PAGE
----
South shore of Great Salt lake in the fall
I have been thinking about my knitting, designs and art lately. Because my practice revolves around my environment, specifically Great Salt Lake, the notion of place has been an important idea to everything I do. I have been thinking about this in relation to terroir. Terroir is defined as “the combination of factors including soil, climate, and sunlight that gives wine grapes their distinctive character.” It has been expanded over the 20th century to apply to other food products like tea, cheese, chocolate, and coffee. And in the 21st century it has been applied to non-food items, morphing into a kind of philosophy of place. I am interested in this idea and how it pertains to my art and practice.
What does it mean to have terroir in knitting? Is it focusing on the specific climate and land to influence shape, color, texture, and design? Can it be applied to materials and location of practice as well?
I have been asking myself these questions over the last several months and wanted to explore this idea further. Specifically in the design I am working on right now based on the changing shoreline of Great Salt Lake. The Great Salt Lake shoreline is an ever-changing geography. Maps of the lake often need to show approximations of the lake’s boundaries, with a high point and low point outline. This fluxuation is routine for people and animals that live along the banks and make for a beautifully vibrant ecosystem.
North shoreline of Great Salt Lake in spring showing the pink bacteria coloring the water.
For this design, I not only want to show the texture, line, and color of the Lake’s shoreline, I wanted to capture the terroir of the Lake. I found a woman who lives on the shores of the lake in Centerville, Utah. She raises her own sheep in her backyard then dyes and spins the wool. I was lucky enough to purchase some beautiful purple and white yarn that she had grown and spun along the shores.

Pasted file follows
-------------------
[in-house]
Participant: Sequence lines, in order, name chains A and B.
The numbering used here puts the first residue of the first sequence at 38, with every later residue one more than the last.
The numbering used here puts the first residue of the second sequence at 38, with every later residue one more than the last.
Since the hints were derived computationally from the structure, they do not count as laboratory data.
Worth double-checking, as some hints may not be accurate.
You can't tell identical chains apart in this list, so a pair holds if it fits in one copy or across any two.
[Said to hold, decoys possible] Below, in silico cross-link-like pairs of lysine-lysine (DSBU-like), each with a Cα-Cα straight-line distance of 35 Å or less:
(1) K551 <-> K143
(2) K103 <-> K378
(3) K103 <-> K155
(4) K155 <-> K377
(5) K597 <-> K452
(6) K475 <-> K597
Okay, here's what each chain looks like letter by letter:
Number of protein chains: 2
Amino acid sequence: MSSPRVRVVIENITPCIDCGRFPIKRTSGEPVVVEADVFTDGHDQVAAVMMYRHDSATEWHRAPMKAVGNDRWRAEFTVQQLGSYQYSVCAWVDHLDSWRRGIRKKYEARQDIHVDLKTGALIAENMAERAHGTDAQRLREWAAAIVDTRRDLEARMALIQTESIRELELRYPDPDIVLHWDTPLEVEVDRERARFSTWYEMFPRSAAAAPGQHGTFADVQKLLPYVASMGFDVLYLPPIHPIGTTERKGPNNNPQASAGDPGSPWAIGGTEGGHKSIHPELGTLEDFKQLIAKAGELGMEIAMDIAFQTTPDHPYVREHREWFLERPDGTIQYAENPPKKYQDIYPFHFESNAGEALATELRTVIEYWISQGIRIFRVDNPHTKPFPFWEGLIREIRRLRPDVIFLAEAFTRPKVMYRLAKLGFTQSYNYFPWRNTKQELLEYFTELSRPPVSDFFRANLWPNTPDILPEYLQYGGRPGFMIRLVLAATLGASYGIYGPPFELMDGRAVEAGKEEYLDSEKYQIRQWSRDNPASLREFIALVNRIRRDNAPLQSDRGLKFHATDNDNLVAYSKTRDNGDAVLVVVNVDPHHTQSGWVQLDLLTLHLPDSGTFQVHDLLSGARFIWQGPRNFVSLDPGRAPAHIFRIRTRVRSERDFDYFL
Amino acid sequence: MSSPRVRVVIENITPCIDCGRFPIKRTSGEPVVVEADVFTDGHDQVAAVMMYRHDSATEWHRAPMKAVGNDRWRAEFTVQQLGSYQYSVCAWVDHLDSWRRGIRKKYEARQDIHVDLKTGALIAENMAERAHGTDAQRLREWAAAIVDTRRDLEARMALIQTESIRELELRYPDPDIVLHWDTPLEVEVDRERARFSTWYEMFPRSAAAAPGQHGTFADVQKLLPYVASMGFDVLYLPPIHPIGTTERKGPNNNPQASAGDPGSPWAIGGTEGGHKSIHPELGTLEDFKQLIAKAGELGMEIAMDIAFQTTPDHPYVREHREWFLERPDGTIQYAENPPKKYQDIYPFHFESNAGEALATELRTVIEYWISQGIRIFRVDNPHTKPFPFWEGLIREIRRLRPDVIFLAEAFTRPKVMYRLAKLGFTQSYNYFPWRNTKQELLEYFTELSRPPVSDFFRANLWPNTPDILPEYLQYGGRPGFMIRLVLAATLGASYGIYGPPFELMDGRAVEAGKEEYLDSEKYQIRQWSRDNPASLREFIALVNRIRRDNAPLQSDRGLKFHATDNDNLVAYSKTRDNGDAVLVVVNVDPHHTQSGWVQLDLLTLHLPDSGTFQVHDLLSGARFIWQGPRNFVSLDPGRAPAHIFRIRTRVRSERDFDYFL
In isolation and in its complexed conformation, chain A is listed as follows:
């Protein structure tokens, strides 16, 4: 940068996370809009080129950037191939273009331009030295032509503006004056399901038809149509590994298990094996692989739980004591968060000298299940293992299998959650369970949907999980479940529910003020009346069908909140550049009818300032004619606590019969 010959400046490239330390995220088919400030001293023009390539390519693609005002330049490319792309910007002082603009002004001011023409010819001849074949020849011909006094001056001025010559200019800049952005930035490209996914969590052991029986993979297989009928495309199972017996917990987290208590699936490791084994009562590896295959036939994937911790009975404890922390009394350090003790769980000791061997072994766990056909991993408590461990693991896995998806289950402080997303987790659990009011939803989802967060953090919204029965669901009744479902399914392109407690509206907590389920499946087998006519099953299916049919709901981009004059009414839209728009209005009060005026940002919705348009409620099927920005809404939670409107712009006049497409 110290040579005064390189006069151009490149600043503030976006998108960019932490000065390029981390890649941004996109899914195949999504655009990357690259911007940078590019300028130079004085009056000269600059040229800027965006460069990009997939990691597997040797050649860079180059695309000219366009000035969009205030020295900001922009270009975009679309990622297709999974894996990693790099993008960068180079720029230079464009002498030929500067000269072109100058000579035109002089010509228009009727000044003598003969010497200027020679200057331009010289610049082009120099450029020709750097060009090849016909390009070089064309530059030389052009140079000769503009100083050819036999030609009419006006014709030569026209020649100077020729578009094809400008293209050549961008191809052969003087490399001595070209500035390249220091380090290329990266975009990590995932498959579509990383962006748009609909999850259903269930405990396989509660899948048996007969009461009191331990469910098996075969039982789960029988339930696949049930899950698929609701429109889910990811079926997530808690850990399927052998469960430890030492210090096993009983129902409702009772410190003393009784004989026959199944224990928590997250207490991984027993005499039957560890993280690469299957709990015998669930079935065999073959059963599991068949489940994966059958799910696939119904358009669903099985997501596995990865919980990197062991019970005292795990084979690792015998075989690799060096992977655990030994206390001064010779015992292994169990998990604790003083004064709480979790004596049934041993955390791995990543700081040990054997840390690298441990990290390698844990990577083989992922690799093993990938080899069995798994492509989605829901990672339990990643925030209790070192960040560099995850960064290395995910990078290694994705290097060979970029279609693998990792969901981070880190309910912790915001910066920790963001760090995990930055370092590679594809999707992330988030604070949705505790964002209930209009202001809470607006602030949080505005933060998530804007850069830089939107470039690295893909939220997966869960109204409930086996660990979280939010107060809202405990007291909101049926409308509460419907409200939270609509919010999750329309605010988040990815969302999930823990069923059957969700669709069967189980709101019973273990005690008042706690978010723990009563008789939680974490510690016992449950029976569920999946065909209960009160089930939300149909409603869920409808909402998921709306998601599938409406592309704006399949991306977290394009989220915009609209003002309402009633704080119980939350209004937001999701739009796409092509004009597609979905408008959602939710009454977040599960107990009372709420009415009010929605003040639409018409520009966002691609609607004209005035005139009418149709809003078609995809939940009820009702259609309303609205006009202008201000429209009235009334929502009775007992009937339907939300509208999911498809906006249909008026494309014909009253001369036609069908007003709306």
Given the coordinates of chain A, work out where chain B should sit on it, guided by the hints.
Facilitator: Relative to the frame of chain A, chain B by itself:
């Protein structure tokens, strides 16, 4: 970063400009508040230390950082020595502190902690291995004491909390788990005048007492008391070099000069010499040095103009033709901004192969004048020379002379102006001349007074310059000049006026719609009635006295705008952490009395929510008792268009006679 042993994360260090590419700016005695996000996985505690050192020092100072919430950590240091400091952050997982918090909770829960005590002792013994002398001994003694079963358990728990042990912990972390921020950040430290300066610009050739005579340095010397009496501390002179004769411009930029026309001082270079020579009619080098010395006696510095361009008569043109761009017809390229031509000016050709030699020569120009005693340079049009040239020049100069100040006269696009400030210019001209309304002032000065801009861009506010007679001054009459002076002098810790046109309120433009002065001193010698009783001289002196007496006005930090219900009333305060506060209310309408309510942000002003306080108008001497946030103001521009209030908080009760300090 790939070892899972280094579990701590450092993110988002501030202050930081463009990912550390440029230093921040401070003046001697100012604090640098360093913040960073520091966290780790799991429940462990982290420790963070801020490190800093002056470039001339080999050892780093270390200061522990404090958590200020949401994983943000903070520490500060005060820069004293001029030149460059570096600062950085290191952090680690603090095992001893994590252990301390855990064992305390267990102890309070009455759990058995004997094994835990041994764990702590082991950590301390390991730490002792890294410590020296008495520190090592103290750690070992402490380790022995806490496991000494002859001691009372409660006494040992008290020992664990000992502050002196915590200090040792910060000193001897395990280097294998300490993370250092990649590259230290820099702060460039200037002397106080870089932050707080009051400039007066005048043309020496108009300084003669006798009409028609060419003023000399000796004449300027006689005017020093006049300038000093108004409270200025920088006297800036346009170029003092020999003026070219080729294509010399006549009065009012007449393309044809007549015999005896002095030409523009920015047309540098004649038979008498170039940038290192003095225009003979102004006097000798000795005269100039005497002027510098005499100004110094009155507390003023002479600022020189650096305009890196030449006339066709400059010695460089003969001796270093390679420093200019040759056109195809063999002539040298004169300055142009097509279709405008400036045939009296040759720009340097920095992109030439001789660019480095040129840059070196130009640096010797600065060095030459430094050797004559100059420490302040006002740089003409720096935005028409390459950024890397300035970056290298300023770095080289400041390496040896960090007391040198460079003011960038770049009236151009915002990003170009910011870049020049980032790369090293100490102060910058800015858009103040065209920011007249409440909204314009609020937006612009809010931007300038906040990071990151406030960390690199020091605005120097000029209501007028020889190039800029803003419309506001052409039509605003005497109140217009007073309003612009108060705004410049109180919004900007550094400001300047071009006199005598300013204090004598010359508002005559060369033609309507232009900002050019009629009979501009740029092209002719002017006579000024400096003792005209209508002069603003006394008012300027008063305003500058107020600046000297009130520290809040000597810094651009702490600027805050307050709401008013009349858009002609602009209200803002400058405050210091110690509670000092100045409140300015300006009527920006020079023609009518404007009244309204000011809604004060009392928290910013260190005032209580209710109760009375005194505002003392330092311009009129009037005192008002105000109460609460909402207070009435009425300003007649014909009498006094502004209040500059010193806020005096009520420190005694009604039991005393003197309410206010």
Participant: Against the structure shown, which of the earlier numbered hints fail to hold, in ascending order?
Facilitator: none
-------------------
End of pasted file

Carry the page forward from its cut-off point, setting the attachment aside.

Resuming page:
These yarns have realized a design of the shore that I have put into a cowl. I abstracted the fluctuating shoreline into a minimalist form. I have two designs in mind so I am knitting both. The first is finished and I absolutely love it. I am doubling the half oval pattern for the second one to see if I like that as well. It is currently a work in progress. Ignore the color differences in the two cowls below. Light is fickle, but they are the same yarn.
Knitting an item inspired by the shores of Great Salt Lake, using yarn grown and spun on the shores of Great Salt Lake, while knitting the item on the shores of Great Salt Lake is my attempted practice in terroir.
My niece and I took a trip out to Great Salt Lake yesterday and I took some pictures of her wearing the finished cowl. I am pleased with my first venture into the idea of terroir. In the coming month, I hope to finish the second cowl and then I can show them both here. More terroir designs coming soon I hope!
This is truly lovely! My husband and I are visiting Salt Lake City (and Bryce and the other NPs) from Europe this summer for our 30th wedding anniversary, so I was thrilled to open your blog this morning and see the photos of Bryce and this lovely cowl. Very inspirational, thanks.ReplyDelete
I hope to buy some nice yarn too when I am there too; I totally get the terroir idea, and buying yarn as a souvenir follows this idea.
Thank you so much. I hope you have a wonderful time in Utah. We have an embarrassment of riches with the National Parks, each one is more beautiful than the next so I am sure you will get to see some amazing things!Delete